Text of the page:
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I found this interesting conjecture, but maybe I'm not the first to state it. I have tested it for the first $10^4$ positive integers, but that is not a proof. Can anybody prove or disprove this conjecture?

Every positive integer can be written as the sum of 1 square number, 1 pentagonal number, and 1 hexagonal number.

Note:

Square numbers are generated by the formula, $S_{n}=n^{2}$. The first ten square numbers are:

0, 1, 4, 9, 16, 25, 36, 49, 64, 81,...

Pentagonal numbers are generated by the formula, $P_{n}=\frac{1}{2}n(3n-1)$. The first ten pentagonal numbers are:

0, 1, 5, 12, 22, 35, 51, 70, 92, 117,...

Hexagonal numbers are generated by the formula, $H_{n} = n(2n-1)$. The first ten Hexagonal numbers are:

0, 1, 6, 15, 28, 45, 66, 91, 120, 153,...

Here are the solutions for the first 10 positive integers.

Numbers = Square + Pentagon + Hexagon

1    =    0    +    1    +    0
2    =    1    +    1    +    0
3    =    1    +    1    +    1
4    =    4    +    0    +    0
5    =    0    +    5    +    0
6    =    1    +    5    +    0
7    =    1    +    5    +    1
8    =    1    +    1    +    6
9    =    4    +    5    +    0
10   =    9    +    1    +    0
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  • $\begingroup$ I tested it using computer, but it is impossible to write all the test result here. Anybody who know programming can test it to. $\endgroup$ Commented Aug 15, 2016 at 10:35
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    $\begingroup$ arxiv.org/abs/0905.0635v3 $\endgroup$
    – Will Jagy
    Commented Aug 15, 2016 at 18:50
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    $\begingroup$ @MichaelStocker: They are widely used in layman language, yes, but see en.wikipedia.org/wiki/Decimal_mark#Digit_grouping, and also most modern programming languages use "." for only the decimal point. It is really a pity people up to today cannot come to consensus on these basic important notations. Ever heard of bbc.com/news/magazine-27509559? $\endgroup$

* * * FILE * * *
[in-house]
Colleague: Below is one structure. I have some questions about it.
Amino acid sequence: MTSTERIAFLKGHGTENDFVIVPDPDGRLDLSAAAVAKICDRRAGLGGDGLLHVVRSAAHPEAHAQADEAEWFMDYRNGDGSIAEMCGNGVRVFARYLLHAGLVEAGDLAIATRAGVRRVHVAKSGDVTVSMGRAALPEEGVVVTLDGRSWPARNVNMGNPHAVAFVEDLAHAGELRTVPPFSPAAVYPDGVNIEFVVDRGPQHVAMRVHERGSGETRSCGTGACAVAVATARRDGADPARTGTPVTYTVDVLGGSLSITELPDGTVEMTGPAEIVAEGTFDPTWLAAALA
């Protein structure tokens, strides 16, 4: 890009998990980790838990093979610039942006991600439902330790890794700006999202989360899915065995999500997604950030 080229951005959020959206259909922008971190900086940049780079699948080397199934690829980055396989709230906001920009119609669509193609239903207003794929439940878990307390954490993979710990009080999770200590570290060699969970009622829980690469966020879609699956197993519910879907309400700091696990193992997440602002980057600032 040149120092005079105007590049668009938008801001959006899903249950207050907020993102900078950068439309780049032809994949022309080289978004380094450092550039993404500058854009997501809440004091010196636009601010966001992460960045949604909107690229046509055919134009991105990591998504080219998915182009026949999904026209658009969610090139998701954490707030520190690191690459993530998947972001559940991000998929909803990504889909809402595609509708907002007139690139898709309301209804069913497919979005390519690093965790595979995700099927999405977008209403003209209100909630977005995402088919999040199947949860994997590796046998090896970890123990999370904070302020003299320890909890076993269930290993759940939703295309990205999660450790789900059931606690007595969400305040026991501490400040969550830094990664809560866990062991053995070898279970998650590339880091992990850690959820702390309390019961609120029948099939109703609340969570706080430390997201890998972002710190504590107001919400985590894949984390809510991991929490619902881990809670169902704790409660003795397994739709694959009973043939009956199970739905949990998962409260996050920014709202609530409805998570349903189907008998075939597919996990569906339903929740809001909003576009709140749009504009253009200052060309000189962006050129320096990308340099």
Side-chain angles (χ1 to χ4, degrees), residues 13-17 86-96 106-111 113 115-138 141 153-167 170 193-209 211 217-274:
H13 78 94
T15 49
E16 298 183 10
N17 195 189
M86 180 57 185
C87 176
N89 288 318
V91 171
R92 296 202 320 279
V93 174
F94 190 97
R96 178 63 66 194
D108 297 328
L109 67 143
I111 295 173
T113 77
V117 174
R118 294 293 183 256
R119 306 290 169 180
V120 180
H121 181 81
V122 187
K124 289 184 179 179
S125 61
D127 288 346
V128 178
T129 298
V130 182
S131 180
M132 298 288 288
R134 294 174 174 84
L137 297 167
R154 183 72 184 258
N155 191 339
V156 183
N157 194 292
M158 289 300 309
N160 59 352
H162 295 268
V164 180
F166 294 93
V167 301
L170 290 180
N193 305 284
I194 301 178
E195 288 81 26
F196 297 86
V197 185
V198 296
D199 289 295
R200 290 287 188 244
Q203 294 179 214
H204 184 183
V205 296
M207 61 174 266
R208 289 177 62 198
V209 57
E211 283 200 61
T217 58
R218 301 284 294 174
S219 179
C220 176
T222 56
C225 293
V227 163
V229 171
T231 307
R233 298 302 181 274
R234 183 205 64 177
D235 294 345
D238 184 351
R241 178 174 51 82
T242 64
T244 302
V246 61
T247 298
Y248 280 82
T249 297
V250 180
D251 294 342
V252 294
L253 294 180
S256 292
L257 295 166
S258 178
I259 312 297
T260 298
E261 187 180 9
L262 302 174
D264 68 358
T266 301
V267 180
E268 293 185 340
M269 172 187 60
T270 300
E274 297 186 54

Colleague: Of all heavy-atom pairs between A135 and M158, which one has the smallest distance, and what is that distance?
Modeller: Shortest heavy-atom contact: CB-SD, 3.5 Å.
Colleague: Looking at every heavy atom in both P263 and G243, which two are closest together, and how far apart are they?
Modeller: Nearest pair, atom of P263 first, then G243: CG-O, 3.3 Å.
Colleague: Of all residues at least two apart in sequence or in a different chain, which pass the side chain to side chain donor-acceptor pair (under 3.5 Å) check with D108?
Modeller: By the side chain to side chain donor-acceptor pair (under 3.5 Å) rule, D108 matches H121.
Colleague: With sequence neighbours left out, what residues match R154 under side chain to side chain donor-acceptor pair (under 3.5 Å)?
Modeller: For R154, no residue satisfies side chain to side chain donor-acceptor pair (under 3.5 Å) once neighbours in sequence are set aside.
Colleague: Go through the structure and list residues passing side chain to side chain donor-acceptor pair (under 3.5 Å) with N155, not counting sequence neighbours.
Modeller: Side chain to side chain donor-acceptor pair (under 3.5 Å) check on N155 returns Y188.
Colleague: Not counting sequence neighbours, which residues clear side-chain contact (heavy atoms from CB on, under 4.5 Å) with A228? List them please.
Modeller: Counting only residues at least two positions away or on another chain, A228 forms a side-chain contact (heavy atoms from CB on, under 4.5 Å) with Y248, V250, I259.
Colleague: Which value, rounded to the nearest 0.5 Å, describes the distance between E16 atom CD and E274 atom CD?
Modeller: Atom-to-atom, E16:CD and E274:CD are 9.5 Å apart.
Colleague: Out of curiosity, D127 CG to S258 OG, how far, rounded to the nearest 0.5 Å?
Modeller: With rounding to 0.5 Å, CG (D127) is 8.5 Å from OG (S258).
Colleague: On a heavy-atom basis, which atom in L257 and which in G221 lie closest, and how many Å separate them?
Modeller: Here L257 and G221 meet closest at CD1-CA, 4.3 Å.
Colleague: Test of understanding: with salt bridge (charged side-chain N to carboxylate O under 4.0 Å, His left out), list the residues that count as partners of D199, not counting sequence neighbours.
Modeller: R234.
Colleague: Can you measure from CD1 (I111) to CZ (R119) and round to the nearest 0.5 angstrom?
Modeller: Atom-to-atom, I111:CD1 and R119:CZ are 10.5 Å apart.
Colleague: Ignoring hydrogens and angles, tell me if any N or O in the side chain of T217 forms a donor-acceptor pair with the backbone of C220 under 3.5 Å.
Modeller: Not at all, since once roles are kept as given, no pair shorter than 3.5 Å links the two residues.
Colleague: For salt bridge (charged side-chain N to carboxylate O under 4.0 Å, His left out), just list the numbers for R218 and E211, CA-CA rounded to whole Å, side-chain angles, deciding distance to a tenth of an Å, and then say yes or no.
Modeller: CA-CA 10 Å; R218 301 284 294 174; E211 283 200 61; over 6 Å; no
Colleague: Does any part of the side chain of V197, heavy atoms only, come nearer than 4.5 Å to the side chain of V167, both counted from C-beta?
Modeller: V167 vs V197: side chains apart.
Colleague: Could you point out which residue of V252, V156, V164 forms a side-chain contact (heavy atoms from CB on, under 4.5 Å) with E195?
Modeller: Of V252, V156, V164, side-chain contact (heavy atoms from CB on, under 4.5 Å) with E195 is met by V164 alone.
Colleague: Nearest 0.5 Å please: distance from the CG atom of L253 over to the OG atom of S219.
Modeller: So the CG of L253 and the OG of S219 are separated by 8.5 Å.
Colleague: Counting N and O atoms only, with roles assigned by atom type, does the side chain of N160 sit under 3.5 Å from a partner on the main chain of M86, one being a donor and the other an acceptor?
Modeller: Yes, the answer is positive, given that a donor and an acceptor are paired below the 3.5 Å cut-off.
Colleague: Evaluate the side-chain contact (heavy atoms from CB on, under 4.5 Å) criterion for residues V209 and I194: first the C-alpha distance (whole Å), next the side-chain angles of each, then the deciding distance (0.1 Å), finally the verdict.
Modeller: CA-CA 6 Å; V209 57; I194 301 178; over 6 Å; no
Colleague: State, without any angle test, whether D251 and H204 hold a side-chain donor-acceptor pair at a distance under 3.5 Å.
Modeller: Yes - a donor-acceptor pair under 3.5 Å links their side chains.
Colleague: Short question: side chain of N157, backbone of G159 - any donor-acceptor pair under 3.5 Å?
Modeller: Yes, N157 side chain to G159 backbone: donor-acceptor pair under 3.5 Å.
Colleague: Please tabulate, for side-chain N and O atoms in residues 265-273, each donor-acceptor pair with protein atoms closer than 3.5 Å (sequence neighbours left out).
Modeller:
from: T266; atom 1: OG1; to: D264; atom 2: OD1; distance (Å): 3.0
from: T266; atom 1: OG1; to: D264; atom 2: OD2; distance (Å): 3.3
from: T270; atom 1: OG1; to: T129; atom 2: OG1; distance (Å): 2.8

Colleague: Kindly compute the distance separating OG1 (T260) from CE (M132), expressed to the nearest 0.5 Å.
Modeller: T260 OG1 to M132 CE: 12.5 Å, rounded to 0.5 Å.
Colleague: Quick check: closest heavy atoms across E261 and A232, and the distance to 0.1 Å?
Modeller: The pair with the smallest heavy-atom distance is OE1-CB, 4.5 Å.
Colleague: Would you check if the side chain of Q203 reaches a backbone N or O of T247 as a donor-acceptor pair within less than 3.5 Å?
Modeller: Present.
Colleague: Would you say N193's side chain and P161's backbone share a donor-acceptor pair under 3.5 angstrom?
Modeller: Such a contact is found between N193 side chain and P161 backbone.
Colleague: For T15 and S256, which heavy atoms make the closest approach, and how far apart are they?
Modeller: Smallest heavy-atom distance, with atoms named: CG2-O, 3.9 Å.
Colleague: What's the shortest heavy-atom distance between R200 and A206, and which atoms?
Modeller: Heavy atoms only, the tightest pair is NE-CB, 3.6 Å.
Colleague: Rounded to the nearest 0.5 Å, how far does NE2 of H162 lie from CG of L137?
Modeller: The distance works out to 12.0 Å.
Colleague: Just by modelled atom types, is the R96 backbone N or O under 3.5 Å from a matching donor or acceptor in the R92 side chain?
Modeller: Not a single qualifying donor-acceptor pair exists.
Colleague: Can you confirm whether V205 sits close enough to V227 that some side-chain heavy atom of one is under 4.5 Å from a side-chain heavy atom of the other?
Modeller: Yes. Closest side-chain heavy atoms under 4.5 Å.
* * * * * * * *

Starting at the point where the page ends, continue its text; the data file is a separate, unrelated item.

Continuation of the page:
– user21820
    Commented Aug 16, 2016 at 4:27
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    $\begingroup$ @user21820 I suppose so. It is not difficult to prove these things when we do not require that the variables be non-negative, I did that much at the earlier question. In brief, positivity of variables is not a natural condition for quadratic forms. It is a natural condition for theta series of various types, so modular forms work. This means it may be possible to prove these conjectures for sufficiently large numbers, without being able to prove it for small numbers. $\endgroup$
    – Will Jagy
    Commented Aug 16, 2016 at 4:44
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    $\begingroup$ @user21820 Oh, I do agree wholeheartedly. This should be standardized, as should many other things. But it hasn't yet. The closest we probably came to is: "The 22nd General Conference on Weights and Measures declared in 2003 that "the symbol for the decimal marker shall be either the point on the line or the comma on the line"" $\endgroup$ Commented Aug 16, 2016 at 9:44

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